Palace went 2-1 up, through their talisman Darren Ambrose, someone Ertl describes as a “true game changer.” In a chaotic last five minutes and with Palace holding onto their lead for dear life, Darren Purse gambled at the back post, giving Wednesday a chance with three minutes of normal time plus added time to still be played. Ertl, still a little frustrated at conceding the equaliser, says, “Stern John was lazy, completely forgetting about his man in the box.”
The Owls accelerated the pressure, knowing each Palace player was on their last drop of energy, having given every ounce that was physically possible throughout the season.
As Paddy McCarthy headed a chance clear for one last Wednesday corner, the Eagles’ fans waited with bated breath. Time was up. The referee blew the season to a close, sparking wild euphoria amongst fans, management, and players.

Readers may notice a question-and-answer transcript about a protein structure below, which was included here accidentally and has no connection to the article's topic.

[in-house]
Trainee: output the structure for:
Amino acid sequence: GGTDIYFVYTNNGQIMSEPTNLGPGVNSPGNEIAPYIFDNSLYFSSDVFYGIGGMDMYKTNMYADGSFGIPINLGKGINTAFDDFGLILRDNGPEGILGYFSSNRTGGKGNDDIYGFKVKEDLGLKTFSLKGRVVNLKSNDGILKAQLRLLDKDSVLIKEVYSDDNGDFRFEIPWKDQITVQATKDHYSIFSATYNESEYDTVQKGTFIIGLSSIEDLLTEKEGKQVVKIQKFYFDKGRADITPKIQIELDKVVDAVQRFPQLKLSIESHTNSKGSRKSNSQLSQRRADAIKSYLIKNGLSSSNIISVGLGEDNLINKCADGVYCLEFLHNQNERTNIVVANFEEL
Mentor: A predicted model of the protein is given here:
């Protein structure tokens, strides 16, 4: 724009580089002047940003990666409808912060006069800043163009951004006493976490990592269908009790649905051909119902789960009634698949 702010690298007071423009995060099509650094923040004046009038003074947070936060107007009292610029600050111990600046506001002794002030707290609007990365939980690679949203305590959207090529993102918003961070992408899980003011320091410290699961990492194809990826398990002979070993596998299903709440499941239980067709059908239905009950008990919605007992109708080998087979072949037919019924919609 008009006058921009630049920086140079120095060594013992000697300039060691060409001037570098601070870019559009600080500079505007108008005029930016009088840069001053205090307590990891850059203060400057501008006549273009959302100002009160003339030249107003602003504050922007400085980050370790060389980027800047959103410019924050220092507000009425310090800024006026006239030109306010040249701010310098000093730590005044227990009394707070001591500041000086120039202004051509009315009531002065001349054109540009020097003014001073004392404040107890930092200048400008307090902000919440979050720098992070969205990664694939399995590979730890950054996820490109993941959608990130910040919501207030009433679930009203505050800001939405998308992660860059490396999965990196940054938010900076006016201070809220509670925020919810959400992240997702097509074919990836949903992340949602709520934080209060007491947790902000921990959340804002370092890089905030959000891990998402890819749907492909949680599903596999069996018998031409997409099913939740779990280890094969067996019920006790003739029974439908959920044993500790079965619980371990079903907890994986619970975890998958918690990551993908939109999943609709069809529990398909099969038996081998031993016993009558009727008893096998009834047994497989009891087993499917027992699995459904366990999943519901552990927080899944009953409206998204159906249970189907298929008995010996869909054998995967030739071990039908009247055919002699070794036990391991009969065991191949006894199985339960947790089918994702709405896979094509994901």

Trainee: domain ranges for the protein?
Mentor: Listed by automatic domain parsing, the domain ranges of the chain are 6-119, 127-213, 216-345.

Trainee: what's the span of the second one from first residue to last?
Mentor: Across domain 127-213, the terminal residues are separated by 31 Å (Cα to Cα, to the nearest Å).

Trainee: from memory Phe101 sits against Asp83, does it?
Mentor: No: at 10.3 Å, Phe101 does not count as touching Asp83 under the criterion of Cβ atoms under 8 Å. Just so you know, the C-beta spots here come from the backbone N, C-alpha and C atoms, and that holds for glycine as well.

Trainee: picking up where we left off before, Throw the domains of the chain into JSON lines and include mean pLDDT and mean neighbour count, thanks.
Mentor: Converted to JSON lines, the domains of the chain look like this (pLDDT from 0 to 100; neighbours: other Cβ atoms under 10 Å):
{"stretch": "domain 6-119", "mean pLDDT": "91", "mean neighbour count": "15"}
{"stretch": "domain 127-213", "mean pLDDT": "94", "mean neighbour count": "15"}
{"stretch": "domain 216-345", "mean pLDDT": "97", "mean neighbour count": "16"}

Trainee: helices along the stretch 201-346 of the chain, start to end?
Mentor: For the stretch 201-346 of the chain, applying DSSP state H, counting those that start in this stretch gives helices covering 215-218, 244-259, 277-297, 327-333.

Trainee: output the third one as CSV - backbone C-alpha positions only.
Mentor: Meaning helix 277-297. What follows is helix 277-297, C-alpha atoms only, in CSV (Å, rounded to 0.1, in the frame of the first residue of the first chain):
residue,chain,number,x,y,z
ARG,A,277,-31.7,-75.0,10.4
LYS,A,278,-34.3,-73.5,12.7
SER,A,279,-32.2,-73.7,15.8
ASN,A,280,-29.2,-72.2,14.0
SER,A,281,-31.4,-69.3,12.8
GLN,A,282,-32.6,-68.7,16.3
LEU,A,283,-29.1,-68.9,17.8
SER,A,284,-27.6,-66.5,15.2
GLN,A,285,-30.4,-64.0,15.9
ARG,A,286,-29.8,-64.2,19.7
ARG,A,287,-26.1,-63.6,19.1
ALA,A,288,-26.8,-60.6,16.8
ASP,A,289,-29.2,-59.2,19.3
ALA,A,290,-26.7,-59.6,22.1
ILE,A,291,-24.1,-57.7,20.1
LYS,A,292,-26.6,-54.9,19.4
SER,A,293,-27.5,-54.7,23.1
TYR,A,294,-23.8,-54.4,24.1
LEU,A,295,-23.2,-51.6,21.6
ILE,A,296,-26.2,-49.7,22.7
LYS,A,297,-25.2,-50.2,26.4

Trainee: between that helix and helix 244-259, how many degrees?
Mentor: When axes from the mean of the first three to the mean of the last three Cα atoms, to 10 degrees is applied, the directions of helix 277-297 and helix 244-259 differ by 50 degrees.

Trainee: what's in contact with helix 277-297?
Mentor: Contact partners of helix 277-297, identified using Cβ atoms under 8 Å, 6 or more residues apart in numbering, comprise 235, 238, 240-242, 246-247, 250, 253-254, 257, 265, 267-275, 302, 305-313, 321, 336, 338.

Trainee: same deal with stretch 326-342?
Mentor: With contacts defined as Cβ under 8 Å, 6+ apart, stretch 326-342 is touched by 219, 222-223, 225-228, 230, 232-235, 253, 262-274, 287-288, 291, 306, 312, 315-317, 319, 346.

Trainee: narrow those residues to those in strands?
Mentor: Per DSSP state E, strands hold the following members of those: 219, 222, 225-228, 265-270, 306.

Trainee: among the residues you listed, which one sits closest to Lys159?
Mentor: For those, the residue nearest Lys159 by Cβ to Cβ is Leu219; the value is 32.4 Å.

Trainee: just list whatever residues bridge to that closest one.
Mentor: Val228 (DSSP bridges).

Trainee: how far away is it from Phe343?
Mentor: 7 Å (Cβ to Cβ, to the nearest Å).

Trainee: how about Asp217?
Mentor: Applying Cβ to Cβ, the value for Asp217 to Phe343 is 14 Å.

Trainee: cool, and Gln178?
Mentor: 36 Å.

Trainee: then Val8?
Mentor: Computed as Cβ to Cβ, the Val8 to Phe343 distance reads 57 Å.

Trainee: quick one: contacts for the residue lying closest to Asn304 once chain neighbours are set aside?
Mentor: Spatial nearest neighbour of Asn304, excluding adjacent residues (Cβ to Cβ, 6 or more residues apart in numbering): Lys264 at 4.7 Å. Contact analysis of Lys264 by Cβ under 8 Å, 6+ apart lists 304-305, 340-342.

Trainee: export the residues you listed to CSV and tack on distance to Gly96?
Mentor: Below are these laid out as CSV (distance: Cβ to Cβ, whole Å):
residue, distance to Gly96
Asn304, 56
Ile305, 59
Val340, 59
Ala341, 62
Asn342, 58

“That uncontrollable emotion on full time, I will never forget.” He continues, “I was running to the stand where all the Crystal Palace supporters were, hugged as many as I could and ran back to the tunnel, as Sheffield Wednesday supporters came on the pitch and hit Clint Hill. Back in the changing room, we were singing and crying. I felt like I had just conquered the world.”
The players had given everything. Together, they cemented themselves in Palace history for eternity, all playing integral roles in keeping the club afloat, handing it a fighting chance to claw its way back from the hollow depths of administration.
After continuing the celebrations at the service station, bumping into serval Palace coaches on the way back from the game, the realisation dawned upon Ertl that he was out of contract.